Monday, September 27, 2010

Can writers handle the business side of writing?

When we decided to become professional writers, and I use the word professional to determine a difference between those of us who write without receiving any sort of compensation, and those of us who do regardless of how many zeros follow that first number ;-)

From whenever you made that decision to submit your work to a publisher to when you received that first sales phone call…did you ever stop and think about the business side of writing?

Where did you expect to fit within your publishing house? How important do you rank yourself on a scale of 1 to 10 to your publisher?

I am a member of so many different writing groups, and I read so many boards that it still continues to amaze me when I read things that lead me to believe that the answer to the questions above is 1 (where 1 is the most important).

We as authors have stories that we want to tell. We hope (although there may not be) that there is an audience, and a publisher that cares about those stories.

But, what I think authors forget is that writing is a business. Publishers are in the business of selling books for money. You might have the best agent in the world, but that agent won’t be able to sell your book on the streets out of the back of his/her car if he/she can’t convince a publisher to pick it up because it will appeal to a certain audience. If that audience doesn’t buy in…you can bet your next book will be holding up the legs of a coffee table near you.

In your writing career, how many publishers have you had? How many contracts have you lost or broken? If you took emotion out of it: they didn’t return my calls, they didn’t answer my emails, is your publisher a good business? Do they have good editors, graphic designers, public relations, etc.?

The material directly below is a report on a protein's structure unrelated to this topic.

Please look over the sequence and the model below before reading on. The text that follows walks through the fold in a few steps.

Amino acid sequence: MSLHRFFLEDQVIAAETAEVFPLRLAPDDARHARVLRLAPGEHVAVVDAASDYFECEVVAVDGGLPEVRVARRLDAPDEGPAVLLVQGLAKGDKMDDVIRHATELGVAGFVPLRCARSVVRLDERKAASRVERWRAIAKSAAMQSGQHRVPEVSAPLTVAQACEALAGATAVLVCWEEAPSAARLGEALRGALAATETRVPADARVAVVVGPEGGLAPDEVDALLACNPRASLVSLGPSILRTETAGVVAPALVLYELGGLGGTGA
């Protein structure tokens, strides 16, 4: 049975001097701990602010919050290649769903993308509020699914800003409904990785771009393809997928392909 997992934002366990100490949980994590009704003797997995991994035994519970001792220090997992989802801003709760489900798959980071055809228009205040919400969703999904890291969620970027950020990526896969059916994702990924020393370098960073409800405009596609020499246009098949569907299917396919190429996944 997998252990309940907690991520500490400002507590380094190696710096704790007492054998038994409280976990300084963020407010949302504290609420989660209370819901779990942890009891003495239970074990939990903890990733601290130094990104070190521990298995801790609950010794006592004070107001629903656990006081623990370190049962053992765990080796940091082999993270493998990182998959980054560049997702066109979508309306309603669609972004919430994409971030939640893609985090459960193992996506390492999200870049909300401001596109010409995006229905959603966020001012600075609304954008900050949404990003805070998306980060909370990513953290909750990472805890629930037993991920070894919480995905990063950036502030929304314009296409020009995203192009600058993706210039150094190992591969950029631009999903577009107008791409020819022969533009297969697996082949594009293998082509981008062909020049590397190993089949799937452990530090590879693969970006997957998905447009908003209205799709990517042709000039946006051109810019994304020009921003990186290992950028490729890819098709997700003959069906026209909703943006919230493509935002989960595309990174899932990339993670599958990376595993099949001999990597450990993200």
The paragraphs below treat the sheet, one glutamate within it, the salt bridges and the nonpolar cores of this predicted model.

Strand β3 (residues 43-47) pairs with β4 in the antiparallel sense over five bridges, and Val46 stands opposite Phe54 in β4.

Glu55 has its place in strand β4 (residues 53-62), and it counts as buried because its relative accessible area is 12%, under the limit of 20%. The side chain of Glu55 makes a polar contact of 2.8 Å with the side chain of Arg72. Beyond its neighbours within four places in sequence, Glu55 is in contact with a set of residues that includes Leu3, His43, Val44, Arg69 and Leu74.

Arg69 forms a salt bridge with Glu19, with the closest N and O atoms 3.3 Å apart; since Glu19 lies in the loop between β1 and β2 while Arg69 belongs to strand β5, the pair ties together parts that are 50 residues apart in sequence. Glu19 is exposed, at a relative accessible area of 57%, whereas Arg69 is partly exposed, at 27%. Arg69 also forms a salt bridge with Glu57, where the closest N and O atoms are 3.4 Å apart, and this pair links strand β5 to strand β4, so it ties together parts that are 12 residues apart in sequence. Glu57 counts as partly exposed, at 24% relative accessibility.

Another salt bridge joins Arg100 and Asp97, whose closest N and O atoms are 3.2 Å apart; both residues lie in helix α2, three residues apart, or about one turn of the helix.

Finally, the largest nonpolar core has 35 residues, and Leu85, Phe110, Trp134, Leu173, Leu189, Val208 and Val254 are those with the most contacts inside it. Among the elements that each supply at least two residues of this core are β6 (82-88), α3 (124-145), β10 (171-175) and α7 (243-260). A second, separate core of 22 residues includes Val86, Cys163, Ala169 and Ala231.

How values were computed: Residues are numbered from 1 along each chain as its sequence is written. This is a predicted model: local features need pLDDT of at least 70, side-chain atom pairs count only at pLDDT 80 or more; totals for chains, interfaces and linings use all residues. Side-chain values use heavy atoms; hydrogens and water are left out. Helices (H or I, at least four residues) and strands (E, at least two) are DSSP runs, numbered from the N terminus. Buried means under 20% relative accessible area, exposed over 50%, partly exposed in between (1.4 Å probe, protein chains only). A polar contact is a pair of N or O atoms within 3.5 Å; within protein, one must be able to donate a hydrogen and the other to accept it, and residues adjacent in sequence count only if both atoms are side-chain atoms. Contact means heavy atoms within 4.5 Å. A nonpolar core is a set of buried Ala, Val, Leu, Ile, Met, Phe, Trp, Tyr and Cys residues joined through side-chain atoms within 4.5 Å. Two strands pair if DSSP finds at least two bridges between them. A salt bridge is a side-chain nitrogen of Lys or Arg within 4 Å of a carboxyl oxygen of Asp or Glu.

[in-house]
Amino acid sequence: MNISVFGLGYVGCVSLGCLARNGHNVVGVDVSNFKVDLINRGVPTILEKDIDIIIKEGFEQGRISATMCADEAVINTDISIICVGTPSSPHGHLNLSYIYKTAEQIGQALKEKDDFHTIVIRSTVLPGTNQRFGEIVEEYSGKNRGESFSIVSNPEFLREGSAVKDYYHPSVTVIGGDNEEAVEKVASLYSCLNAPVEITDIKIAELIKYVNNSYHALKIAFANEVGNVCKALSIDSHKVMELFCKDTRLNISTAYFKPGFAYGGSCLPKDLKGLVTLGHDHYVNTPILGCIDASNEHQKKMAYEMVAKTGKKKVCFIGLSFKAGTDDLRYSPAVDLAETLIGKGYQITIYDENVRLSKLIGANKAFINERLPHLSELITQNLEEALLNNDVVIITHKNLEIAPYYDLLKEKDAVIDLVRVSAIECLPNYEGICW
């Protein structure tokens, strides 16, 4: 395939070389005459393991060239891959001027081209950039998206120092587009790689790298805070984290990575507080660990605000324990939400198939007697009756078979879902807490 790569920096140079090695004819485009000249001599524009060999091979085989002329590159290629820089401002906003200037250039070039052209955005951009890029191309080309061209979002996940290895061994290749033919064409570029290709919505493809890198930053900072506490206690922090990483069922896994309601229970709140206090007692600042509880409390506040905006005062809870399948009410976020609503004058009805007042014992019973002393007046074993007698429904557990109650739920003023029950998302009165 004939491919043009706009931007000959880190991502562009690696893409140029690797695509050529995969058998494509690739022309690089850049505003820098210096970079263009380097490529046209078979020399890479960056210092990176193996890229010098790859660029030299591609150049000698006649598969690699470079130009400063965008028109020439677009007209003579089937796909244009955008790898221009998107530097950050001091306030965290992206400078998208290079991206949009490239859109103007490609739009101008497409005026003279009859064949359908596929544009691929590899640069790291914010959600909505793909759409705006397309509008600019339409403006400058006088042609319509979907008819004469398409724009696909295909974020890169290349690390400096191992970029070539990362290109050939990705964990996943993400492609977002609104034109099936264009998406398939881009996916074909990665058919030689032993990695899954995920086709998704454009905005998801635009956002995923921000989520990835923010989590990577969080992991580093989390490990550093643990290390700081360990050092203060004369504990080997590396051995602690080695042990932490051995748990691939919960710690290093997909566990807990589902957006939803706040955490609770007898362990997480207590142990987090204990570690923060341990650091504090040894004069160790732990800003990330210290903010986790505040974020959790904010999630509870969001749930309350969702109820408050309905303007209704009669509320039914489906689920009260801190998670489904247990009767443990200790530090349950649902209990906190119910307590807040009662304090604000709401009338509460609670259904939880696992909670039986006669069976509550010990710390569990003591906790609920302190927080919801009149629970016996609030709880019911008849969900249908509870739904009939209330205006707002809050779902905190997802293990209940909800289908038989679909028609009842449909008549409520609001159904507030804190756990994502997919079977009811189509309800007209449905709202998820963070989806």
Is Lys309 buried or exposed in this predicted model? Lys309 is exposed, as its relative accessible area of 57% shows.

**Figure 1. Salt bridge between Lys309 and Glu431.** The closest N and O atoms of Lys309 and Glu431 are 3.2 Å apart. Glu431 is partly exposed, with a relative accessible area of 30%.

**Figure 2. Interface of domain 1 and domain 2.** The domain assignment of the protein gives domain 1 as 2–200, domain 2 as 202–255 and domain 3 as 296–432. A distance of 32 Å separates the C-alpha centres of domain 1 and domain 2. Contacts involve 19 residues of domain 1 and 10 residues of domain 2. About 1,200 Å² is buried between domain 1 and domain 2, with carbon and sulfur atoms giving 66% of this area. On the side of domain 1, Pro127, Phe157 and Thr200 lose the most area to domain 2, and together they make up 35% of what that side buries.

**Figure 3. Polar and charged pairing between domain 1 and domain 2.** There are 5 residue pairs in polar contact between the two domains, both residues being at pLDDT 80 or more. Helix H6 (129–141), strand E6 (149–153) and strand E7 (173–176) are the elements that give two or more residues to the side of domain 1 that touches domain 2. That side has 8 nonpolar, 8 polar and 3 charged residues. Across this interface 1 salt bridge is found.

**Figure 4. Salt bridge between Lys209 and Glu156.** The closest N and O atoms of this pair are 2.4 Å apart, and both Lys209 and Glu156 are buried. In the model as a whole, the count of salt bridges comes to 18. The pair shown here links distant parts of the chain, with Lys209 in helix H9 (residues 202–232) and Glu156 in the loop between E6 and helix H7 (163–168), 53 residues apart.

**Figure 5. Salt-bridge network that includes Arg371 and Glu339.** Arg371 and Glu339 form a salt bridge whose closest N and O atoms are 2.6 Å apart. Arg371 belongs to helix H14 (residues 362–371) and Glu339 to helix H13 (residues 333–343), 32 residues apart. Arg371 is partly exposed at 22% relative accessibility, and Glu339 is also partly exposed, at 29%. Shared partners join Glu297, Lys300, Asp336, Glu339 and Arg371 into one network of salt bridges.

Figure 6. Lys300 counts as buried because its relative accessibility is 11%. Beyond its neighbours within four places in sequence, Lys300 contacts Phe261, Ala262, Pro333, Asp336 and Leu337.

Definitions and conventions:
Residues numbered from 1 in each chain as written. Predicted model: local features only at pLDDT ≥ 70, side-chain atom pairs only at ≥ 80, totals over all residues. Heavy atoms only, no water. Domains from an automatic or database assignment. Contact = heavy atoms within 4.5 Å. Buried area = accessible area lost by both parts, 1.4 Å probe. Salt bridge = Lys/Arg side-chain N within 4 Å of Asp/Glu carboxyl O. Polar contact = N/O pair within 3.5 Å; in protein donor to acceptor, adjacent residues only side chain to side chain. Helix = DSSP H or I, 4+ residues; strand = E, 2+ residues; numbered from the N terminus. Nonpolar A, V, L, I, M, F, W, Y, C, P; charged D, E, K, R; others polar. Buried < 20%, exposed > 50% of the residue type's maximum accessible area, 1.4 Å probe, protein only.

Can writers handle the business side of writing?


Paisley Kirkpatrick said...

The business does seem to be overwhelming at times, but it's the only one in town if you have a dream to sell. I write because I love it so wouldn't stop even if they didn't sell, but my primary goal is to sell. I play the game.

Lee Lopez said...

They can...but it can be a challenge if you hate that side of writing, which many authors do. Suddenly you go from being a writer, artist with words to a business person, which just isn't as fun or interesting. Than there's the question of promoting one's work. A real challenge
challenge most including myself.

Jill James said...

From the moment you submit to that first agent or editor or even contest you have moved from writing for yourself to writing for others.

Make no mistake, this is a business and I've taken a lot of knocks and hits to have semi-almost-not so soft skin. Still working on that tough part. LOL

Josie said...

I almost hate to admit it, but writing is a business if you want to actually sell. Thought-provoking post.